[I have repeatedly removed such growths from women between 45 and 55 years, who had suffered from profuse flowing for long periods under the im pression that it was a, natural accompani ment of the ehange of life, and that noth ing could or shonld be none to relieve it. E. W. CUSHING.] The menopause has very little, if any, influence in arresting the growth of uter ine fibromata in a large number of eases; indeed, many examples of their rapid in creased growth have occurred. One of the strongest indications for hysterectomy after the menopause is the tendency of the tumor to -undergo some form of de generation which, of itself, may prove fatal. Hysterectomy after the menopause should be resorted to whenever the usually-accepted symptoms present them selves which are acknowledged to be of sufficient gravity to require that opera tion in any other period of life. J. T. Johnson (Med. Review, May, '9S).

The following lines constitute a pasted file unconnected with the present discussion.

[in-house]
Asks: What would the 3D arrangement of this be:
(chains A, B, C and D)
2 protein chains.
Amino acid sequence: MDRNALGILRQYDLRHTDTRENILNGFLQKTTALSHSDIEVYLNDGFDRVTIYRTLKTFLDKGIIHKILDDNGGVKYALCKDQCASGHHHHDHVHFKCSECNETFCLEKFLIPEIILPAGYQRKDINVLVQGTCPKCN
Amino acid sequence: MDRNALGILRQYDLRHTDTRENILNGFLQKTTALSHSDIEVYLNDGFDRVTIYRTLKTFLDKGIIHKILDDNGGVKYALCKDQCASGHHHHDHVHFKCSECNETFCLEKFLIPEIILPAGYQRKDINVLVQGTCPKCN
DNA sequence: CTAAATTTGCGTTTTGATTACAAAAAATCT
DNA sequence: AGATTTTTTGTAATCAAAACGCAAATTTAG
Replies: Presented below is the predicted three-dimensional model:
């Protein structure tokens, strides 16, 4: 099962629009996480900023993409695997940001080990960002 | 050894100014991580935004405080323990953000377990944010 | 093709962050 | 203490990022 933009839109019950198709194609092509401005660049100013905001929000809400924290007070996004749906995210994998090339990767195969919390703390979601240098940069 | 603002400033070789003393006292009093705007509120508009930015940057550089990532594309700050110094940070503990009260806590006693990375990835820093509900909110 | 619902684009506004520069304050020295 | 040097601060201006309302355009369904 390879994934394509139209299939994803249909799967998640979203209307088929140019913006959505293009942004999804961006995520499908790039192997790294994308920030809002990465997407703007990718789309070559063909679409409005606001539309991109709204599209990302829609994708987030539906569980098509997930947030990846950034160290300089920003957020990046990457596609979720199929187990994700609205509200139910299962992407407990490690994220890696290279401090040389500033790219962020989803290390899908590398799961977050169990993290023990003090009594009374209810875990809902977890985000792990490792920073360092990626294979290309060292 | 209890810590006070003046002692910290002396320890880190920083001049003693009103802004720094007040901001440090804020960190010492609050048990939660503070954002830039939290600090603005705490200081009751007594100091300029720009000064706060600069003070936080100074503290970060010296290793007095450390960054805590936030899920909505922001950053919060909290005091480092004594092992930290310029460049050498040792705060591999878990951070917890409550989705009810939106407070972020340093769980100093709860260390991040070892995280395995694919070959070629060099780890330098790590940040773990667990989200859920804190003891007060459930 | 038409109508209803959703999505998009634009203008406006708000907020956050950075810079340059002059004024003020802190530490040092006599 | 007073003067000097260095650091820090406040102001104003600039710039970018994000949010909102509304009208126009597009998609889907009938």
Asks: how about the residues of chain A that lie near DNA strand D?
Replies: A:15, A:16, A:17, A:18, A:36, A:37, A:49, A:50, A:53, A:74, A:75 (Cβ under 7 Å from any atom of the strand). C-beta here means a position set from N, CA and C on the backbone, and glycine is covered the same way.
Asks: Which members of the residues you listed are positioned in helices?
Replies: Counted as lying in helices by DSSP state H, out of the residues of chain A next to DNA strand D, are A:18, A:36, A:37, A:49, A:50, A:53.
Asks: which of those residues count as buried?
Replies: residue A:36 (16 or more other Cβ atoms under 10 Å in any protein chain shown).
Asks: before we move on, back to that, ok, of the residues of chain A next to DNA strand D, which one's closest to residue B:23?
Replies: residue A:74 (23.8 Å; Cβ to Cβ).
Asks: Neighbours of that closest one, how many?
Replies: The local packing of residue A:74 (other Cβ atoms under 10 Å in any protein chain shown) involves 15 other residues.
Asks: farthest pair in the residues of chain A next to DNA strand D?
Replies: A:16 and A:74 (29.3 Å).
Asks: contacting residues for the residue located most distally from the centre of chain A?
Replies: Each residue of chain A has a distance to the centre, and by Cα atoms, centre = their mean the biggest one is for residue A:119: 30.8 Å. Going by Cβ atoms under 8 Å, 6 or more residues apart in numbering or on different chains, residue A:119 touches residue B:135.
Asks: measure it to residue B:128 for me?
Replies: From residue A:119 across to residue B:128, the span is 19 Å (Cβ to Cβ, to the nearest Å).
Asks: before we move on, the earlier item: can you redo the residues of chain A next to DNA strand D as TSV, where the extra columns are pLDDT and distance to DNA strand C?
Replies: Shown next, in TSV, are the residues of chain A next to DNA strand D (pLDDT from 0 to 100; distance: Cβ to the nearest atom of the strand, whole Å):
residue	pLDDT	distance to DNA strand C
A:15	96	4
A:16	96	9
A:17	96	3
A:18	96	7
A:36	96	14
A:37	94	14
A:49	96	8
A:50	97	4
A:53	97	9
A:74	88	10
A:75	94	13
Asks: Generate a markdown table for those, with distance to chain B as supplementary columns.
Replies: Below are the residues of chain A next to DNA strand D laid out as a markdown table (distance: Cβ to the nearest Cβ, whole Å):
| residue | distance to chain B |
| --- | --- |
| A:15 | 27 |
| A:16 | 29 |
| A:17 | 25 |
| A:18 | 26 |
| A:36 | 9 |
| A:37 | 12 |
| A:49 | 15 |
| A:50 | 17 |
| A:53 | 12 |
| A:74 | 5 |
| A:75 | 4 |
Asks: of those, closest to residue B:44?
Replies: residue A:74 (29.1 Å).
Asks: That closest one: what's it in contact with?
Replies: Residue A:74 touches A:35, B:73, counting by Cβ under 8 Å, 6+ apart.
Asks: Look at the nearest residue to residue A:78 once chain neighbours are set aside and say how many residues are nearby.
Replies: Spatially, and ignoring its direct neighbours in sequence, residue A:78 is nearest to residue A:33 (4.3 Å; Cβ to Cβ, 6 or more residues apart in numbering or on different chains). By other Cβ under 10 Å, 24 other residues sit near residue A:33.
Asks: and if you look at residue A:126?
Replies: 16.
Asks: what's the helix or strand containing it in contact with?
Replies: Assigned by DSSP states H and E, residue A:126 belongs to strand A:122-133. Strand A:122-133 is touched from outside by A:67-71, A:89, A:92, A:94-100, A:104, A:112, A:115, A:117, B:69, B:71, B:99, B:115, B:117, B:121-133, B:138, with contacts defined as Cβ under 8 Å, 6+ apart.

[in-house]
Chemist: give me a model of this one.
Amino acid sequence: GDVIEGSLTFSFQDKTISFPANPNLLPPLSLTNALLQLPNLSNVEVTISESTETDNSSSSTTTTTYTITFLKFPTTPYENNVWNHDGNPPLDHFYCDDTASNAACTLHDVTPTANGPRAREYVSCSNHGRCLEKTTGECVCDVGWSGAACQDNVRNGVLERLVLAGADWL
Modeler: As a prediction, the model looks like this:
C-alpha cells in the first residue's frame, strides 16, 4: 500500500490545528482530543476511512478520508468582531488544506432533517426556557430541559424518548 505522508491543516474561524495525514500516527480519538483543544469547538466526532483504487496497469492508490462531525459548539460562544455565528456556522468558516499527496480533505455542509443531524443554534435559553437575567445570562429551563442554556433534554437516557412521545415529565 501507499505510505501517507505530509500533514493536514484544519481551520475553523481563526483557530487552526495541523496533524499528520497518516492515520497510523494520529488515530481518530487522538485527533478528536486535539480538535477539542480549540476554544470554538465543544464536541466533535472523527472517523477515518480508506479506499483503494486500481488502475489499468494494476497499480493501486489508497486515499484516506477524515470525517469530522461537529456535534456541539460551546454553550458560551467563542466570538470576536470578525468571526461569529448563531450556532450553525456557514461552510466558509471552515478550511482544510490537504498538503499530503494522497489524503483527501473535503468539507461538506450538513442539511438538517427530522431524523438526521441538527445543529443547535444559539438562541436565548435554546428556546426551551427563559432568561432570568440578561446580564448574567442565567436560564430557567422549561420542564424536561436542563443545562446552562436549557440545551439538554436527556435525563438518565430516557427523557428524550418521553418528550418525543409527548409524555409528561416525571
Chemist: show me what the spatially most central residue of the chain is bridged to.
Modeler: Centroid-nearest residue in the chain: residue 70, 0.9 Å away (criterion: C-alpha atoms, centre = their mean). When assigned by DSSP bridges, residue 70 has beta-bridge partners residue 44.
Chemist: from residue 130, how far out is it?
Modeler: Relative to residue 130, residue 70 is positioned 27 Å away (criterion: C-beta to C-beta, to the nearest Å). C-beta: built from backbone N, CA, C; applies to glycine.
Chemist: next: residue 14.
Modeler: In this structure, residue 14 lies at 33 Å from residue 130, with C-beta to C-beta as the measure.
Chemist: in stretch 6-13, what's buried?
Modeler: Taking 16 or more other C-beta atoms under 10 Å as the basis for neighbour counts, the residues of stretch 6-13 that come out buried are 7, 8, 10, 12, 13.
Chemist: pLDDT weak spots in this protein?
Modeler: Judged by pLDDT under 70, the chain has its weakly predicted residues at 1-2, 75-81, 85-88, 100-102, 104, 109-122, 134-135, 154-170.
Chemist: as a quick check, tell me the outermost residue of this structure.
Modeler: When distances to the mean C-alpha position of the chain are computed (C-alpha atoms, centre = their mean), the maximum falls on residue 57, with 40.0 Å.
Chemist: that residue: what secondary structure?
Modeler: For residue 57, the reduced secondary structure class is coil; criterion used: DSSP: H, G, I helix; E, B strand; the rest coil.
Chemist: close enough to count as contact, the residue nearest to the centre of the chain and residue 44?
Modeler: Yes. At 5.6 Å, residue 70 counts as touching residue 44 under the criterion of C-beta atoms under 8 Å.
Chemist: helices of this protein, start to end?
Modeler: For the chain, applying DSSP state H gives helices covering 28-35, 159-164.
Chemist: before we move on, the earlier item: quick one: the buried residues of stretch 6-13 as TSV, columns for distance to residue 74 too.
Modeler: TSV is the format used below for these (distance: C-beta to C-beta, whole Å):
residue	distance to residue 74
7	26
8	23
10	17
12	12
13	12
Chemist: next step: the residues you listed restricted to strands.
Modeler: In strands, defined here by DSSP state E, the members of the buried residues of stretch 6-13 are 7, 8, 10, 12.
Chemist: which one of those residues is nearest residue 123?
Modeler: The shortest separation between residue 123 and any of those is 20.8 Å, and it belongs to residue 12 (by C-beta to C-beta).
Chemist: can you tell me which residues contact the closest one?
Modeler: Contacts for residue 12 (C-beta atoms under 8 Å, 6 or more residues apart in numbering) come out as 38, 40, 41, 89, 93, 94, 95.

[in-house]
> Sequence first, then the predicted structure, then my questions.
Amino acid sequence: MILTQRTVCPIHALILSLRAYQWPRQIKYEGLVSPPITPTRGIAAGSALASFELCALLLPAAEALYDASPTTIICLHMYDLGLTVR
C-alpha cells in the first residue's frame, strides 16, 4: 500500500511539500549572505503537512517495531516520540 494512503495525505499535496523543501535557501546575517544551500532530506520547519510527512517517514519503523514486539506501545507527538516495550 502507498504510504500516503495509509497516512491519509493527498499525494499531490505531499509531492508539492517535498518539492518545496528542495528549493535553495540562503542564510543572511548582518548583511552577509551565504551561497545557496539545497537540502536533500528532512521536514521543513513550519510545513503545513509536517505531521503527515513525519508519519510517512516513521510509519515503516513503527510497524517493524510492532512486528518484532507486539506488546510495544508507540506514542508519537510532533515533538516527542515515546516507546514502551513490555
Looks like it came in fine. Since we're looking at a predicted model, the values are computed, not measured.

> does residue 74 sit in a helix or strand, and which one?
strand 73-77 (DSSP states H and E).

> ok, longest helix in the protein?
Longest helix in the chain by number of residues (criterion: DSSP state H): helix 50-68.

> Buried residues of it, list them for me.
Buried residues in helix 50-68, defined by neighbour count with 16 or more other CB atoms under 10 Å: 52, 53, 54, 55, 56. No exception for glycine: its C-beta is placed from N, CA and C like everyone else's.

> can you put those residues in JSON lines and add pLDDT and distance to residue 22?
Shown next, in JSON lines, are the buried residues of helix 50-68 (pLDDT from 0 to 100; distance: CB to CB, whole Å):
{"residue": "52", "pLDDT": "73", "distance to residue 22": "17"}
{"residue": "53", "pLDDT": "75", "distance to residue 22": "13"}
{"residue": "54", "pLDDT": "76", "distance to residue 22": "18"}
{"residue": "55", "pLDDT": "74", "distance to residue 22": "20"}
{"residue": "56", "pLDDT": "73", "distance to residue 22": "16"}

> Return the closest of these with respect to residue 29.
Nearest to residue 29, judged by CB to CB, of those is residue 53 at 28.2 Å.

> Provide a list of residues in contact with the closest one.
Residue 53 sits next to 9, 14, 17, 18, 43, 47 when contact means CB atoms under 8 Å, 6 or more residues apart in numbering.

Of special importance is the condition of adenoma of the uterus, which attacks women of this age, often after they have ceased to menstruate entirely. Coming on with the symptoms of a simple hy pertrophie endometritis, it is, perhaps, treated by curetting, and apparently cured for some months, when the hlumor rhages commence again, and unless hys terectomy is performed the disease grad ually, but inevitably, passes into cancer of the body of the uterus. The diag
nosis is easily made on the first curette ment, by the abundance and the micro scopical character of the pieces of tissue which are removed. As soon as the diag nosis is certified hysterectomy should be performed.
Simple endometritis, with more or less thickening of the mucous membrane, is very frequent at the time of the meno pause; it tends to delay the cessation of the menses, especially if there is any polypoid formation, as above mentioned.
In some cases the menstruation either ceases or is very scanty, and the ineno pause thus occurring is accompanied with nervous symptoms, hot flashes, or even severe hystero-neuroscs. A local examination is also important, since some uterine trouble will generally be found to account for the symptoins. In some cases the uterns is retroverted, heavy, and sensitive; in others it is ap parently norm] in size and position, but it is tender on pressure, and if a sound is passed into it the endonictriiiin of the